by Mary Duddy
Other scientists knew him as Dr. Whitlow Au, Ph.D., the preeminent world expert in the echolocation of dolphins and whales, and 2016 recipient of the Acoustical Society of America’s Gold Medal. We knew him simply as Whit, humble and unassuming, who along with Dorothy opened their home and picturesque back yard for branch potluck dinners and Fourth of July picnics.
In 1971 Whit was baptized in the Holy Spirit, and to the end of his days he promoted baptism in the Holy Spirit. He wrote: “I felt like I walked through a spiritual door into a different spiritual realm that I never knew existed.”
Whit was a mentor—to students of science (“If you’re not having fun, you’re doing it wrong”) and to branch youth like Chris Macalintal. While pulling weeds with Whit, Chris received doses of life-skill wisdom such as, “Remember, we may lose some battles, but we won’t lose the war.”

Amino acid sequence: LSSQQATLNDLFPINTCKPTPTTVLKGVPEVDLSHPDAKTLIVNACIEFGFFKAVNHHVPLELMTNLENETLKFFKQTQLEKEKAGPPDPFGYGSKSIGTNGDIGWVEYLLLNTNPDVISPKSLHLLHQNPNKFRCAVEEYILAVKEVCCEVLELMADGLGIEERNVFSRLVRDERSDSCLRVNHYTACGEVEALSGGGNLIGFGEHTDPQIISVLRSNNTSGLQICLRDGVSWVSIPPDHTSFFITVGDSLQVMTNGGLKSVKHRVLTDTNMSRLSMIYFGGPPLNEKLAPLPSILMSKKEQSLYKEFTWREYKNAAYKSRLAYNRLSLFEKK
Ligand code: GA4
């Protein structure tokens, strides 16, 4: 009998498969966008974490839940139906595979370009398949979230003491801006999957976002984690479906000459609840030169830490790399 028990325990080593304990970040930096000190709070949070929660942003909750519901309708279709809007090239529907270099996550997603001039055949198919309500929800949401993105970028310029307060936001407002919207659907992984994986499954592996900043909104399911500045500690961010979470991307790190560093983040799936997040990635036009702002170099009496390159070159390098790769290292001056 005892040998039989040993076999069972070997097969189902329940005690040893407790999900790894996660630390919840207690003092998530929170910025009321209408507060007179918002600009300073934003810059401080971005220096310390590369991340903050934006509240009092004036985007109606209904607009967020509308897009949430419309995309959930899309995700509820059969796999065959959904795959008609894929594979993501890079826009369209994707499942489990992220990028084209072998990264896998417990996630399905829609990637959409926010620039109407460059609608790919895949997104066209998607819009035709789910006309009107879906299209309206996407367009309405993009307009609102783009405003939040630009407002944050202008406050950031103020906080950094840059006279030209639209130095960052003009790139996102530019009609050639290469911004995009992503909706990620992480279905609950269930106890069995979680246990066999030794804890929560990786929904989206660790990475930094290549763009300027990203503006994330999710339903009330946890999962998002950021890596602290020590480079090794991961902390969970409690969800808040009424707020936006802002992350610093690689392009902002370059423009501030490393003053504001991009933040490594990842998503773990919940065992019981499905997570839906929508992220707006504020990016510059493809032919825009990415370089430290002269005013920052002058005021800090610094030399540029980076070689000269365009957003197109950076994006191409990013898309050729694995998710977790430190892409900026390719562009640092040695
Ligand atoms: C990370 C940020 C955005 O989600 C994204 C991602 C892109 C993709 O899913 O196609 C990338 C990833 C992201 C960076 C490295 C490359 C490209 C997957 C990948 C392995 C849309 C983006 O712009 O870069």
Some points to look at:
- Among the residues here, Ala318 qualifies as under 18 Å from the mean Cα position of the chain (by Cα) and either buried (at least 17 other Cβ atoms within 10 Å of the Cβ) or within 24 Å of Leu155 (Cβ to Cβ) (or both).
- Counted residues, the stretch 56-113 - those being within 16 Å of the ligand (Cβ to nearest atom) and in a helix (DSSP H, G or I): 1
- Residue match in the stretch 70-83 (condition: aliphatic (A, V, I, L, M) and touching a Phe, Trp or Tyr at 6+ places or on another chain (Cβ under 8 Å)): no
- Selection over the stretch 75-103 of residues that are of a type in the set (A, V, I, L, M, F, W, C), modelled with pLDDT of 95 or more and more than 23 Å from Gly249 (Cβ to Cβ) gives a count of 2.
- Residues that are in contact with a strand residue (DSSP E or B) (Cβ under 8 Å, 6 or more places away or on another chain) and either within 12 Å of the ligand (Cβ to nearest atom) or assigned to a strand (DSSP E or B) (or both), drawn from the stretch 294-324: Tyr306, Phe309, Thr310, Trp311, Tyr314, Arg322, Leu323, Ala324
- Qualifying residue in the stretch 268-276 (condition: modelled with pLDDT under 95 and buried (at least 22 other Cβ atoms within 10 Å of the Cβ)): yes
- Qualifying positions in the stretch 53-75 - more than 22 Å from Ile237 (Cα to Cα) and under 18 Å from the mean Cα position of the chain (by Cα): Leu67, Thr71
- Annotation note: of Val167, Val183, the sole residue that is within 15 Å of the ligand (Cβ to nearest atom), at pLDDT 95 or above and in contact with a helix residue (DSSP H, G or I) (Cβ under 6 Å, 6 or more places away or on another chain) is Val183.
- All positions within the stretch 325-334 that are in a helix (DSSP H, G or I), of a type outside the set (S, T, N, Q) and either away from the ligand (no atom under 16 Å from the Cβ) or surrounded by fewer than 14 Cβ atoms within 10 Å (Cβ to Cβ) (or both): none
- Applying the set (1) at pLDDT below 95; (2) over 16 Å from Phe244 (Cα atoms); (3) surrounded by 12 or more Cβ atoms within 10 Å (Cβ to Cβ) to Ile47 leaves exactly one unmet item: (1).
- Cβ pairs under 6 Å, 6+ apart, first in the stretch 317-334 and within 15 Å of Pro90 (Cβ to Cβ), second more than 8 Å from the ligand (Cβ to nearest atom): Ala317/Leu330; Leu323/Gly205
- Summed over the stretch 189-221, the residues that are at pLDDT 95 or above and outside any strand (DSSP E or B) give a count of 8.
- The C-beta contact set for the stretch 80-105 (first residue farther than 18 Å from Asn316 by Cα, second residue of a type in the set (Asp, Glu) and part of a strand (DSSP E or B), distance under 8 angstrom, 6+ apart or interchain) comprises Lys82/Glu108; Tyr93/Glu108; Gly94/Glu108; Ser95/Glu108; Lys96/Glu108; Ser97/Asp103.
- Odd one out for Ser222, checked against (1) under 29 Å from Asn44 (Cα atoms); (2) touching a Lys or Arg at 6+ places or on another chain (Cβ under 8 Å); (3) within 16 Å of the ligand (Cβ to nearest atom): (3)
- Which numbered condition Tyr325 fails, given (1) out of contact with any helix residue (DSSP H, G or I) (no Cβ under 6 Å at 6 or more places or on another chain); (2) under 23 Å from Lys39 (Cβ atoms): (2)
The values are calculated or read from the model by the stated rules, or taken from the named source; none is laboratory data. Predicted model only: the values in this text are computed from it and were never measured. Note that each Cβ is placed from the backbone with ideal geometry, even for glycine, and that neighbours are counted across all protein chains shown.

Whit led the Catholic charismatic renewal in Hawaii for over 25 years, including 15 years of charismatic conferences, healing services and workshops. For years, he met with an ecumenical group of charismatic pastors. Whit always sought God’s will in decisions. In 1993, the Naval Ocean Systems Center, where he worked, was transferred to San Diego. Most of Whit’s co-workers moved, but Whit felt the Lord wanted him to continue his People of Praise commitment, so he and a partner created a new lab on Coconut Island, the Marine Mammal Research Program.
Whit’s brother Wilke said, “His life and work showed that science and faith need not be antagonistic, but can coexist harmoniously in a person.”